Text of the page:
SIRC Newsletter Issue 1 2020 EN

Circular economy: a definition and most important aspects

A circular economy is an economic system aimed at eliminating waste and the continual use of resources. Circular systems employ reuse, sharing, repair, refurbishment, remanufacturing and recycling to create a close-loop system, minimising the use of resource inputs and the creation of waste, pollution and carbon emissions. A circular economy is based on the principles of designing out waste and pollution, keeping products and materials in use, and regenerating natural systems. A circular economy is an alternative to a traditional linear economy (make, use, dispose) in which we keep resources in use for as long as possible, extract the maximum value from them whilst in use, then recover and regenerate products and materials at the end of each service life. In contrast to what happens in a linear economy,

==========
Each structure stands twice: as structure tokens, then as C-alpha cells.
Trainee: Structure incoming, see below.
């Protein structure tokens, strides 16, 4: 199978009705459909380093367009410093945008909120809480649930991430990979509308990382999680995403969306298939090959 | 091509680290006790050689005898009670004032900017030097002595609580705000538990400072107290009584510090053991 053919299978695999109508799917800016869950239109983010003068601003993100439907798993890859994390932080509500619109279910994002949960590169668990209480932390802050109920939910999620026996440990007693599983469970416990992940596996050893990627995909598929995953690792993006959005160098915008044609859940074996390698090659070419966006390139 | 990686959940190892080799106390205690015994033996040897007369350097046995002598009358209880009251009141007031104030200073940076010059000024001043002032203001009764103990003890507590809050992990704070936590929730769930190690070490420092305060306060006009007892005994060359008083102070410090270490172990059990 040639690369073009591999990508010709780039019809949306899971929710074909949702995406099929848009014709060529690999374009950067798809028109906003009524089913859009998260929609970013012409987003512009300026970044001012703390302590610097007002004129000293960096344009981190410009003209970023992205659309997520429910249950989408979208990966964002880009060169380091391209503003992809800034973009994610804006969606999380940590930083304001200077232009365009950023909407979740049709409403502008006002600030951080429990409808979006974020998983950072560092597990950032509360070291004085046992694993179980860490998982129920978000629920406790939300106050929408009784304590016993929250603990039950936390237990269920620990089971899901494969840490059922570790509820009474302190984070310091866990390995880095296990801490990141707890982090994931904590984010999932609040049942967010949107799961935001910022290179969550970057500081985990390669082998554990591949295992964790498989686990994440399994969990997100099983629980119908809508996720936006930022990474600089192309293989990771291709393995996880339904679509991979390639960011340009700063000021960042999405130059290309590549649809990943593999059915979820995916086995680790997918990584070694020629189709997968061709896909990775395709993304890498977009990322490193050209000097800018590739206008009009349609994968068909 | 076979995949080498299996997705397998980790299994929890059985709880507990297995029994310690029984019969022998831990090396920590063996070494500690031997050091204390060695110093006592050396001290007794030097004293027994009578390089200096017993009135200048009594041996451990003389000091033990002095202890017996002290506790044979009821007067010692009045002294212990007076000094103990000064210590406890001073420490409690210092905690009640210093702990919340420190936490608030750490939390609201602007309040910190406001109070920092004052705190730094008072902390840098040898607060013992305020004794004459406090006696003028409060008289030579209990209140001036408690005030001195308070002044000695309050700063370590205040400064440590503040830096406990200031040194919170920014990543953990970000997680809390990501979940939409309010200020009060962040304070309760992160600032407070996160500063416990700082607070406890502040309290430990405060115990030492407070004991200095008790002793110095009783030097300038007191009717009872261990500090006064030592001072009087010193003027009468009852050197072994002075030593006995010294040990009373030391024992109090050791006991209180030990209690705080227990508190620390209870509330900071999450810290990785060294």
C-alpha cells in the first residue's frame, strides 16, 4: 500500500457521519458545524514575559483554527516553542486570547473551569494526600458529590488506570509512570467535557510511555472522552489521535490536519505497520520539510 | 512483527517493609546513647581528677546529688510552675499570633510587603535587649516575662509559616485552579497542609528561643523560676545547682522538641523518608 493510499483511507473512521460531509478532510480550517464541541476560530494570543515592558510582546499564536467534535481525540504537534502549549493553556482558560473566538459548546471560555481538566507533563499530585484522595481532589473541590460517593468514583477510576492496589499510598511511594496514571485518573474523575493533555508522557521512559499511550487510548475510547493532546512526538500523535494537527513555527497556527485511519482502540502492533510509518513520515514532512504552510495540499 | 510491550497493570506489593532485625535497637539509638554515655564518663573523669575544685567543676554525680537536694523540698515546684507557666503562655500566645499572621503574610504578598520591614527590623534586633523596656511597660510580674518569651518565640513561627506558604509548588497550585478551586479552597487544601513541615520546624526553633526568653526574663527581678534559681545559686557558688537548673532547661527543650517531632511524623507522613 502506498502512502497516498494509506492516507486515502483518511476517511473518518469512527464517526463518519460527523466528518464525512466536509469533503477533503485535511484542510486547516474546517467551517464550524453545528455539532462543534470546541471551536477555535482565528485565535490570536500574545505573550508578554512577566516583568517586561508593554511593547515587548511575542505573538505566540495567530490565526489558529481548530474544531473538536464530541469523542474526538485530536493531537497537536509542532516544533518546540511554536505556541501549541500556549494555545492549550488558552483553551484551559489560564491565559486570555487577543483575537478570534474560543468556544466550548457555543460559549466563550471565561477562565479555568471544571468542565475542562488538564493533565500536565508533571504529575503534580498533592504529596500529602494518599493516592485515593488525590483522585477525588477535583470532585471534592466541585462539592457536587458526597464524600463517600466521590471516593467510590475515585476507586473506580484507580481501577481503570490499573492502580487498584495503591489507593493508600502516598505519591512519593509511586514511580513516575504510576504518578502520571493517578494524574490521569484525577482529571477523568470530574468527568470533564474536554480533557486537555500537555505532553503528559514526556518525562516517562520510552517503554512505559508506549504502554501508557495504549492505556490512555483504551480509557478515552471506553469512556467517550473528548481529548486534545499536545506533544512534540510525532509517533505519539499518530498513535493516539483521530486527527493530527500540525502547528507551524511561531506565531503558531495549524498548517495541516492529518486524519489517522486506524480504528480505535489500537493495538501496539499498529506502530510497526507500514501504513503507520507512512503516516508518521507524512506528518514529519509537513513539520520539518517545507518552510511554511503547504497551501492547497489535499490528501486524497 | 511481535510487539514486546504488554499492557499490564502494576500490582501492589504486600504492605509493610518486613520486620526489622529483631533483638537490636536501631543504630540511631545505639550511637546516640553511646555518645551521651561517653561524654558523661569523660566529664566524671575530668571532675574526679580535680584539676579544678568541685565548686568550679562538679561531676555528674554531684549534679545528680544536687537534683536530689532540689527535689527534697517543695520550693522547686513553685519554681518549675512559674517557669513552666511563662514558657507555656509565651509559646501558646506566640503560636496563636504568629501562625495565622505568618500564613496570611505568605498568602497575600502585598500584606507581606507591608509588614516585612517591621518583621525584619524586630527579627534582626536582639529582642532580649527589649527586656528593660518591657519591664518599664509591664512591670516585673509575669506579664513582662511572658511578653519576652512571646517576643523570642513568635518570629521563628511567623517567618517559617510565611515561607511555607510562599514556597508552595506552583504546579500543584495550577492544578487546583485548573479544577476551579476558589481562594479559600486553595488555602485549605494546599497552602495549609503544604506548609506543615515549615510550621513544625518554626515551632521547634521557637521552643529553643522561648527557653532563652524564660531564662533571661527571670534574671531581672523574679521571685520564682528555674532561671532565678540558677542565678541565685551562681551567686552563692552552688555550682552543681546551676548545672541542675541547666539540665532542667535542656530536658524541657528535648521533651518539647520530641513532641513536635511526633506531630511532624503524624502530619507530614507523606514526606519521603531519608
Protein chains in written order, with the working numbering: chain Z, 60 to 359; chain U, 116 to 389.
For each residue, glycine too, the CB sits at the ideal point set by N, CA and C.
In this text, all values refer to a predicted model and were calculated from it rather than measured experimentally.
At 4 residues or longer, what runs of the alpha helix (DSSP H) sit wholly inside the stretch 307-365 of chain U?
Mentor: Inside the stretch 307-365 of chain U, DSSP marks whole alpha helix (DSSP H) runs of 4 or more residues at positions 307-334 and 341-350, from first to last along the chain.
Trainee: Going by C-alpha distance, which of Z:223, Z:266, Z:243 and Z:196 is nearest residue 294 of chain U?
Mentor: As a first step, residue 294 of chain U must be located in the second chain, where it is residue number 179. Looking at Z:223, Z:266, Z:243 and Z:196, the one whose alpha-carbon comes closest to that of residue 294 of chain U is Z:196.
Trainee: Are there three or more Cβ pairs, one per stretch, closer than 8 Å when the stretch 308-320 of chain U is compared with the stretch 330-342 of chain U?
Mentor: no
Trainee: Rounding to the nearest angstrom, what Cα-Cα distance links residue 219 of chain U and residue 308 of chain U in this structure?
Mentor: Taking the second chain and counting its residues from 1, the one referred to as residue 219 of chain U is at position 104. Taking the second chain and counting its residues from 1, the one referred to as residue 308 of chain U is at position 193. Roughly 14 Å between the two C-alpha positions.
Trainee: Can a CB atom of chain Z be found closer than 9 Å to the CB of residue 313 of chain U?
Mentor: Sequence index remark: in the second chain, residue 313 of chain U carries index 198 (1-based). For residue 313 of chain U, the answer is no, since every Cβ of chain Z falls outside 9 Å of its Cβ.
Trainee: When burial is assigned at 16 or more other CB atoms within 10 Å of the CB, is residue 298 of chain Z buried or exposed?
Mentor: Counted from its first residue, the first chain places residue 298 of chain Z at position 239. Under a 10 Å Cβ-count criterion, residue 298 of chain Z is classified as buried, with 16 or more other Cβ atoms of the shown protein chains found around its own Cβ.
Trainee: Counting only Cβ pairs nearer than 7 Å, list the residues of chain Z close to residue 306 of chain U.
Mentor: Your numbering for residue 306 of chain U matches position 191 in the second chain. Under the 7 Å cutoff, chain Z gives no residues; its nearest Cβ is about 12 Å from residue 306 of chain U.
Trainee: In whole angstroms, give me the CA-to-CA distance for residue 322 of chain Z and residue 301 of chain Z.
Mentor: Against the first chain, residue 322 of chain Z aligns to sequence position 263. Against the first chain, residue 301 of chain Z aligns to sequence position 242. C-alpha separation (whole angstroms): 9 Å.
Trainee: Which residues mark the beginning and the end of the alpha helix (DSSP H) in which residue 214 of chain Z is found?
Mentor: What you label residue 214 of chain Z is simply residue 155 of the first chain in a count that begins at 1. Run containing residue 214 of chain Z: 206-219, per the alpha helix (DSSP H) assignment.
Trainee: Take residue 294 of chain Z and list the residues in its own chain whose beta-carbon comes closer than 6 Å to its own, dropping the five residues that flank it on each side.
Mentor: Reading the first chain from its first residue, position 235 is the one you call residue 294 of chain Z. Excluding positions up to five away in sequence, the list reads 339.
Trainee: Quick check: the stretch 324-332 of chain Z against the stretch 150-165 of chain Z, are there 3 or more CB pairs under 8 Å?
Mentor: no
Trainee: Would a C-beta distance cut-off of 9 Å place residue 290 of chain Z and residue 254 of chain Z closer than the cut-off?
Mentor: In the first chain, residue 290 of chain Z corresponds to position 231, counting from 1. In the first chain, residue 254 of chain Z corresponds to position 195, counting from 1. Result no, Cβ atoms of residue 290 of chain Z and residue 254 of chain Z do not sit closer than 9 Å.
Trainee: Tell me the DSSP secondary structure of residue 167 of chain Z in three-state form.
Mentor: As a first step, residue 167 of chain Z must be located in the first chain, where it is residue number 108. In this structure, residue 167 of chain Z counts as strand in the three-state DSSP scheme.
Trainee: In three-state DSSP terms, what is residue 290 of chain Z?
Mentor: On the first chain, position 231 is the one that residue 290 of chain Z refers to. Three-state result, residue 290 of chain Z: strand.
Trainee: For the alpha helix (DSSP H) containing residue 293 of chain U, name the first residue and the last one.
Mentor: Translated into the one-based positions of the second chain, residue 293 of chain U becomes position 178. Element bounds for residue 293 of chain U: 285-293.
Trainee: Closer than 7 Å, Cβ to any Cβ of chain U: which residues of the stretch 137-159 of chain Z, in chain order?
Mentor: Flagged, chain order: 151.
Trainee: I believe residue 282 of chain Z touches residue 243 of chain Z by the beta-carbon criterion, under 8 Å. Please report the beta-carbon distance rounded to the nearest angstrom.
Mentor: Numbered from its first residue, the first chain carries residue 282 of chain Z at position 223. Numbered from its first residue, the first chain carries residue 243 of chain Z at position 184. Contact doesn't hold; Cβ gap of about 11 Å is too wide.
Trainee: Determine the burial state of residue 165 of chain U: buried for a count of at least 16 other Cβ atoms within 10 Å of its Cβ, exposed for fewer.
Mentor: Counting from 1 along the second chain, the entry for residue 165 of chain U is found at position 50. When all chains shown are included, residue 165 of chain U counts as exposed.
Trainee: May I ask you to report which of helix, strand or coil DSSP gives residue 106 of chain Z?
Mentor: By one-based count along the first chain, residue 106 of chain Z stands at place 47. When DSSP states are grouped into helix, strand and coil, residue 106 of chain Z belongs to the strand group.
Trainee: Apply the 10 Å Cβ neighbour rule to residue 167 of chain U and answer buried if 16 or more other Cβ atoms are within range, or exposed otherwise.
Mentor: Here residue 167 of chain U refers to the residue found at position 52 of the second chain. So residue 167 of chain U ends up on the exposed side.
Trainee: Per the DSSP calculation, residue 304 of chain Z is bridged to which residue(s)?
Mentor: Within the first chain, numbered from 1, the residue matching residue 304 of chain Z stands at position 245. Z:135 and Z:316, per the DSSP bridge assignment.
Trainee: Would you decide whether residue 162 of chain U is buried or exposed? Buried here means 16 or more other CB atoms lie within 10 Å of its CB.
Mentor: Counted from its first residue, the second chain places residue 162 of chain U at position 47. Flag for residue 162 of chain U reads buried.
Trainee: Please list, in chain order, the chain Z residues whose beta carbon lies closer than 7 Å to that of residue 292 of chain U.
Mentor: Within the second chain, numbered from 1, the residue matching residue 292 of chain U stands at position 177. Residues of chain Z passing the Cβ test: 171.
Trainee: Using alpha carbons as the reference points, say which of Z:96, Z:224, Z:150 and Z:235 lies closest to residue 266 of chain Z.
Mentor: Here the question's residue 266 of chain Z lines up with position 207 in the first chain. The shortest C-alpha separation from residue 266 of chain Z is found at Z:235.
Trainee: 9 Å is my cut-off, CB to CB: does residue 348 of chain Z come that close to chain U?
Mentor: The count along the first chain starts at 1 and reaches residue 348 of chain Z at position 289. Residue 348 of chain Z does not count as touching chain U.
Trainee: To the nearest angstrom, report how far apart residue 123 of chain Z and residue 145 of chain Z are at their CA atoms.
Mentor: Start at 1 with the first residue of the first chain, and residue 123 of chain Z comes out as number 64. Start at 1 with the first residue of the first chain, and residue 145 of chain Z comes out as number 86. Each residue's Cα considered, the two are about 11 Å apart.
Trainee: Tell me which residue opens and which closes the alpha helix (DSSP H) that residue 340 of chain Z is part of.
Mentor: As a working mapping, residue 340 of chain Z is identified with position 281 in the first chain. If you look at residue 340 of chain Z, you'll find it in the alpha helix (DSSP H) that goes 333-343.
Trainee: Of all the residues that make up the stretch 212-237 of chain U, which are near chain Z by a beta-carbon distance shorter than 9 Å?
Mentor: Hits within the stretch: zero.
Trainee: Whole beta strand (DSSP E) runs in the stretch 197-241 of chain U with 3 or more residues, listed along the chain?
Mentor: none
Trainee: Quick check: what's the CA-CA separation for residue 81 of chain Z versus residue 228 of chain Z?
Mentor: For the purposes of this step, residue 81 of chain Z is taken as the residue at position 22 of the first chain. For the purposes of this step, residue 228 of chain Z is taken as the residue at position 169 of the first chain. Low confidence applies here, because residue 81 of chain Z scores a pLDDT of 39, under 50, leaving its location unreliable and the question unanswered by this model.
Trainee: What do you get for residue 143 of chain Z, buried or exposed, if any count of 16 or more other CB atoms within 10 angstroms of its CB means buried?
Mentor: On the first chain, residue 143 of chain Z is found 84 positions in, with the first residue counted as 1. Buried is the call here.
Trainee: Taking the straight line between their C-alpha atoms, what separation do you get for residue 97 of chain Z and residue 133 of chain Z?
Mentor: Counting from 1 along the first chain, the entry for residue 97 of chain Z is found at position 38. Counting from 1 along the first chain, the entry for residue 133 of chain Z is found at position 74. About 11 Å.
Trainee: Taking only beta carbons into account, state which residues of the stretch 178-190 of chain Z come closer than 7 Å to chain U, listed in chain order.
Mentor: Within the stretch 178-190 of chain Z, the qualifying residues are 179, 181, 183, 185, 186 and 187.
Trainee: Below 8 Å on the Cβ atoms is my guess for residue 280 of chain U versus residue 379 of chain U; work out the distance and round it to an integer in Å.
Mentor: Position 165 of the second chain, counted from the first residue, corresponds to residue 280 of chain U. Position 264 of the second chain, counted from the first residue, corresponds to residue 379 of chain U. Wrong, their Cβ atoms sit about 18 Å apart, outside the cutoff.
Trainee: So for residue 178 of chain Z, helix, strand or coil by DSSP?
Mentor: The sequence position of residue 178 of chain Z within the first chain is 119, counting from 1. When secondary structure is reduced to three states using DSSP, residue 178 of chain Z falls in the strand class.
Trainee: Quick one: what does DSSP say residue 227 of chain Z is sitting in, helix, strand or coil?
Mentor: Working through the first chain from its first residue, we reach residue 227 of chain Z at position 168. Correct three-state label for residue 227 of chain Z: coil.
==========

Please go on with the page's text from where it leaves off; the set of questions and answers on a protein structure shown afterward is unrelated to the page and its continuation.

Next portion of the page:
a circular economy makes optimal use of raw materials and resources. This means that these materials and resources continue to be applied in a way that generates the highest economic value and the least environmental damage. The conversion of a linear economy into one that is circular involves systems changes, or transition. Other designs or processes (e.g. 3D printing), products that can be repaired or regenerated, recycling of materials and another way of thinking about products (e.g. sharing them), are all aspects of such a change. The rule of thumb for determining the highest value reuse of resources within the cycle is to priori- tise strategies (Rethink, Redesign, Reuse, Repair, Remanufacturing, Recycling, Recover). However, there will always be exceptions. 8

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